Lot 177

Hershey 2021

1904 Winton 20hp Rear-Entrance Tonneau


$198,000 USD | Sold

United States | Hershey, Pennsylvania



Chassis No.
US Title
  • A Brass Era tourer with commanding presence
  • Veteran Car Club dated as 1904
  • London-to-Brighton eligible
  • Engine rebuilt by Alexander Winton’s great-grandson

Winton’s early years can be summed up pin one word: competition. Having demonstrated the reliability of his car with a 47-hour dash from his native Cleveland to New York City in 1899, Alexander Winton entered a single-cylinder racer in the 1900 Gordon Bennett Cup race in France. Although sidelined by wheel failure, Winton’s entry made history as the first American car to compete in a European race.

A glutton for long-distance journeys, Alexander Winton made another New York trip in November to exhibit at the first automobile show. He drove a prototype of his single-cylinder 1901 model, while most of his display cars were shipped by rail. At the show, the mud-spattered car was on the Winton stand with the notice that he had bettered his time by nine hours from the year before.

The first Winton Bullet, a four-cylinder, 57-horsepower racer, was built in 1902. Winton broke his own speed record with it at Cleveland’s Glenville track, setting a new mark of 55.38 mph. A match race at Grosse Pointe, Michigan, however, against Henry Ford’s 999 with Barney Oldfield at the wheel, was less successful, as Winton dropped out with ignition trouble.

The Winton long-distance saga really hit its stride with what filmmaker Ken Burns celebrated as “Horatio’s Drive.” On 23 May 1903, Dr. Horatio Nelson Jackson and Sewall K. Crocker left San Francisco in a 20-horsepower Winton twin bound for New York. Their ordeal was arduous, requiring many repairs to the car, detours to find passable roads and ingenuity to find supplies. Against all odds, they reached their destination 63 days later, having made America’s first transcontinental journey by automobile.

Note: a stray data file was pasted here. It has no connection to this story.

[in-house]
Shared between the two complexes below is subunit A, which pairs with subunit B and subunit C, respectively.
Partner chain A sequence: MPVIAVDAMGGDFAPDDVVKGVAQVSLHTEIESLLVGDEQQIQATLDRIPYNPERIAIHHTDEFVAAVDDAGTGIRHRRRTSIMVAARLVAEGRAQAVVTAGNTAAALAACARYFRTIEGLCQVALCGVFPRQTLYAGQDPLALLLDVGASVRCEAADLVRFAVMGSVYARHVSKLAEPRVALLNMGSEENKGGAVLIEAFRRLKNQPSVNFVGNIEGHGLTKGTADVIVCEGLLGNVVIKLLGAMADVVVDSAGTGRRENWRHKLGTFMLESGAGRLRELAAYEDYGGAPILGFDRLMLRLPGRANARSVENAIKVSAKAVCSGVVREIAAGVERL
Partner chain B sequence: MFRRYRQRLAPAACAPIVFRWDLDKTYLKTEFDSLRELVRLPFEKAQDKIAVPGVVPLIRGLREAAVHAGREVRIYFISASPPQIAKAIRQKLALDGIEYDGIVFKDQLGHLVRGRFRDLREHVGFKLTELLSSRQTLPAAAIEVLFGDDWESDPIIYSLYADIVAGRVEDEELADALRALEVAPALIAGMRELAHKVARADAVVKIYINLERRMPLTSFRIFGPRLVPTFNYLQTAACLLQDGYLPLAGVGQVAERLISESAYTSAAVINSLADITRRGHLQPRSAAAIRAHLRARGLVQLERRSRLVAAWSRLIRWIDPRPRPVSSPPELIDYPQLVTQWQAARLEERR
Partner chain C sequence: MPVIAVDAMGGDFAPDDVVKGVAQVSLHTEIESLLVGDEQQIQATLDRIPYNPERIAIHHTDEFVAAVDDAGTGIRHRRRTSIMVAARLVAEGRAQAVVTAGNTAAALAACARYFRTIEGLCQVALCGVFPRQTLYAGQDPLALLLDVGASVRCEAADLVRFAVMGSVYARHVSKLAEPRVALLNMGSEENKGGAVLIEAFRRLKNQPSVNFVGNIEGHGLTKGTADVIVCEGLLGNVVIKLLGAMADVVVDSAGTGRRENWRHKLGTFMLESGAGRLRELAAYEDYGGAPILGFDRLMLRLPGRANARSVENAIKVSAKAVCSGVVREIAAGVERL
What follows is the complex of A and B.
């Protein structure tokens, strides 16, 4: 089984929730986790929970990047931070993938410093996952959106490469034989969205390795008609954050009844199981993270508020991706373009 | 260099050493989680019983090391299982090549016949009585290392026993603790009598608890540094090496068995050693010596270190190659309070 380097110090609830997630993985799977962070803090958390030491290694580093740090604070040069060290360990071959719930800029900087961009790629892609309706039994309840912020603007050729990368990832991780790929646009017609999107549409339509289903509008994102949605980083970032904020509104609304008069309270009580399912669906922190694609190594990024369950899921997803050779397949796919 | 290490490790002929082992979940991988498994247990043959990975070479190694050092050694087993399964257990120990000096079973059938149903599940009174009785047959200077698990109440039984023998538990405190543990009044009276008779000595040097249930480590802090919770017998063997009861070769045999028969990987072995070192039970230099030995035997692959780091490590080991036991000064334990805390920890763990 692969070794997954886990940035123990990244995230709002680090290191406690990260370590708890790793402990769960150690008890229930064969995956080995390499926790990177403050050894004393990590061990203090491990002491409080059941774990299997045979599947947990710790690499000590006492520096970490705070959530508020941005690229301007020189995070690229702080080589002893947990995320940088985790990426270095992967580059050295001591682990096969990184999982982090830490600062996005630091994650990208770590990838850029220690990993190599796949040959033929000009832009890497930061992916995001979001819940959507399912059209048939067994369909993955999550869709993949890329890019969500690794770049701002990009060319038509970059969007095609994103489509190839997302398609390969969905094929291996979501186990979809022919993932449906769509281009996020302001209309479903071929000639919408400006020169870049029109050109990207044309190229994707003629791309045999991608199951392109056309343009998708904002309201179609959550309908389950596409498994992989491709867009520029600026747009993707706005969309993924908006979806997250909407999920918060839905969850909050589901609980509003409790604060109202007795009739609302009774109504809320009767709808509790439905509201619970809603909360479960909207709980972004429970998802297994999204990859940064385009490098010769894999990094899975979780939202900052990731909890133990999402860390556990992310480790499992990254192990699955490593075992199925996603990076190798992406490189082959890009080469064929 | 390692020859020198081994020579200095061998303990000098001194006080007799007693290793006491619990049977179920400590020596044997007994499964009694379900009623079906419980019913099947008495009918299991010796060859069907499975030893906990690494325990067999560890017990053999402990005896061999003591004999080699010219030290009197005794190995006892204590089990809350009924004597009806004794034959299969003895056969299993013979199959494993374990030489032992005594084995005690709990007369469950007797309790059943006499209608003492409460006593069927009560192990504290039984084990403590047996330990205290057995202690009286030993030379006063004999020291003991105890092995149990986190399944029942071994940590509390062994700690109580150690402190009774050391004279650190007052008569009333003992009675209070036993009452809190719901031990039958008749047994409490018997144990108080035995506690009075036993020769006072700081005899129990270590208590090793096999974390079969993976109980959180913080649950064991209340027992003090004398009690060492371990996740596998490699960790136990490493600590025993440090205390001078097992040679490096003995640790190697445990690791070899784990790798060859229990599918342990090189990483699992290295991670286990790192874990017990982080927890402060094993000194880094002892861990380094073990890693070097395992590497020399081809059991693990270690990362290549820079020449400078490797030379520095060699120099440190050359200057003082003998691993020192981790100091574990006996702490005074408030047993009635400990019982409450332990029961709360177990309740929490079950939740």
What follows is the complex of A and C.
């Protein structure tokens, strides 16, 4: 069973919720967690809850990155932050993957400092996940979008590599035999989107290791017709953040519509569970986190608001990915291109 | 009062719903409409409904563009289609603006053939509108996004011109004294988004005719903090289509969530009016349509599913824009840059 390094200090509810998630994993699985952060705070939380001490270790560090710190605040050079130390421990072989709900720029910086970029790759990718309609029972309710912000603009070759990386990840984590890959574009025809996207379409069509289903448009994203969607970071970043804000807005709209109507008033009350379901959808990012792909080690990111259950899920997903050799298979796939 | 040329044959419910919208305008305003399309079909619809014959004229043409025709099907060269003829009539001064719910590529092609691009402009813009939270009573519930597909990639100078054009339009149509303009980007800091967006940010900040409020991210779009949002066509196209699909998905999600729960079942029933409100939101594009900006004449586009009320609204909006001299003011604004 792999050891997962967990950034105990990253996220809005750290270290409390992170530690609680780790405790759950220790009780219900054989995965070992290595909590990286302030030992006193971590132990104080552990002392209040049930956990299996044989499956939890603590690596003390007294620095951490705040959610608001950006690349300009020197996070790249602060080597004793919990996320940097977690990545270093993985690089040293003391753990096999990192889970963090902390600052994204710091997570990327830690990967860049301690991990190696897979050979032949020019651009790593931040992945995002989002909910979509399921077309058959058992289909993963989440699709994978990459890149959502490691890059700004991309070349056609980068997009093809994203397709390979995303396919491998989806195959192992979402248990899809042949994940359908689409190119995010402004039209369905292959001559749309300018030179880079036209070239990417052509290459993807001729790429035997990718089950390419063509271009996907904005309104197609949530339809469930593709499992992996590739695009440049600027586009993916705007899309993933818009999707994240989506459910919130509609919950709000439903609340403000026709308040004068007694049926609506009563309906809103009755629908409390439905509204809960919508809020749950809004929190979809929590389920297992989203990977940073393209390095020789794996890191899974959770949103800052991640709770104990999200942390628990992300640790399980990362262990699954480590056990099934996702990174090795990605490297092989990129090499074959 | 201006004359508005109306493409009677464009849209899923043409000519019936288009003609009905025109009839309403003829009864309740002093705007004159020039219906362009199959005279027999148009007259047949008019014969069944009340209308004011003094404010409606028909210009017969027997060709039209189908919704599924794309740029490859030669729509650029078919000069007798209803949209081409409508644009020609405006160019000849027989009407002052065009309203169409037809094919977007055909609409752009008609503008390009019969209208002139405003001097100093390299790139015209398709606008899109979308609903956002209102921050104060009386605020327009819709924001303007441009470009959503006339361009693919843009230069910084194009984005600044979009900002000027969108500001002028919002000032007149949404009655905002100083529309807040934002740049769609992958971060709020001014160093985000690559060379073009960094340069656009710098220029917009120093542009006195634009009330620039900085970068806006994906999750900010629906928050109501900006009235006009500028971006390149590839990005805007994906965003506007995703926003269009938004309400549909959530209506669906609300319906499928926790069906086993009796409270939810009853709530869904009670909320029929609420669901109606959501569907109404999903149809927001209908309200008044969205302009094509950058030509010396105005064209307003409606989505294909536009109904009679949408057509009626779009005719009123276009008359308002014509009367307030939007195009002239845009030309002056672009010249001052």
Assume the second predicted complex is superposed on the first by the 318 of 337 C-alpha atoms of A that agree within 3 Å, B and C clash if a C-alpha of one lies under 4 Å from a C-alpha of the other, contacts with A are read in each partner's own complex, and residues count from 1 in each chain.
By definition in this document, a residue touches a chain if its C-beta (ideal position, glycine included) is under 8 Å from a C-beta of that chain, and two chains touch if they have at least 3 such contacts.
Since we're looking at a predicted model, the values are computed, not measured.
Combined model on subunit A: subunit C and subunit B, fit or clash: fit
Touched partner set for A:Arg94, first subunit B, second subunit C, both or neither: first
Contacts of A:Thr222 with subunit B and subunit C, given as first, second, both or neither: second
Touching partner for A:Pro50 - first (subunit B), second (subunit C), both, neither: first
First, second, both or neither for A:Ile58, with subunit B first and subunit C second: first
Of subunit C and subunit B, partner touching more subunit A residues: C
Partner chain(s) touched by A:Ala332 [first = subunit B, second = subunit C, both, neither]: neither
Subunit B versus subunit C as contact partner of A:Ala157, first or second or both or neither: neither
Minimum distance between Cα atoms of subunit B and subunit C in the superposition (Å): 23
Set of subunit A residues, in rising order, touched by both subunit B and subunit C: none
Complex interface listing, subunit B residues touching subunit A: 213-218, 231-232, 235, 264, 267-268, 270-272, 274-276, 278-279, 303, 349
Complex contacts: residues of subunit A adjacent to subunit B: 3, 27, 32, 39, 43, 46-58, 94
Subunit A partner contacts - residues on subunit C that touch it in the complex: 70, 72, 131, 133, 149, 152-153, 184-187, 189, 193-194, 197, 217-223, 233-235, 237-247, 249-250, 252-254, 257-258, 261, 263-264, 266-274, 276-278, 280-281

Winton contested the Gordon Bennett again in 1903, with a pair of eight-cylinder Bullets. Beset with mechanical problems, both cars retired, and with them Alexander Winton as a racing driver. He did, however, maintain the racing team, and Barney Oldfield toured with the Bullets, setting records nearly everywhere he went. Oldfield and Winton developed differences of opinion in 1904, and parted ways in June. Winton replaced Oldfield with Earl Kiser, a Dayton, Ohio, native, who set yet another record at Glenville that August. The following year, Kiser had a bad accident in the Bullet. Thrown clear, he lost a leg in the aftermath. That spelled the end of Winton racing, but Kiser continued his career as manager of the Winton agency in Pittsburgh.

This 1904 Winton, among the last two-cylinder cars, has had its share of long-distance journeys. The consignor purchased it from a British owner who was able to have the car officially dated as 1904 for the annual London-to-Brighton Emancipation Run. Following engine trouble on the Run, it was returned to the United States and entrusted to Charlie Wake, a great-grandson of Alexander Winton. The engine rebuild was documented in a video as the work progressed. The owner then drove it from Indiana to the New York Adirondacks to commemorate Jackson and Crocker’s 1903 cross-country feat.

After the engine work was complete, Wake received a call from Edsel Ford III, Henry’s great grandson, challenging him to a re-enactment of the Grosse Pointe match race. Since the 1904 car was nothing like the car that competed against Ford’s 999, Ford Motor Company constructed two replicas for the reenactment instead.

Finished in a bright magenta color, the Winton is spic and span from nose to tail. The seats are upholstered in matching buttoned leather, while a pyramid-pattern black rubber mat lines the floor. Instrumentation is minimal, comprising a 60-mph Jones speedometer (sans odometer) and a 30 psi Ashton pressure gauge, both in highly polished brass. A surrey top (albeit without fringe) provides shade and some weather protection, while a bulb horn at the driver’s right hand warns pedestrians and passers-by of the car’s approach.

Winton built fewer than 1,000 cars in 1904, so survivors are necessarily rare. This one is exceptionally fine and represents an uncommon opportunity to own a remarkable horseless carriage, eligible for the London-to-Brighton Run, no less.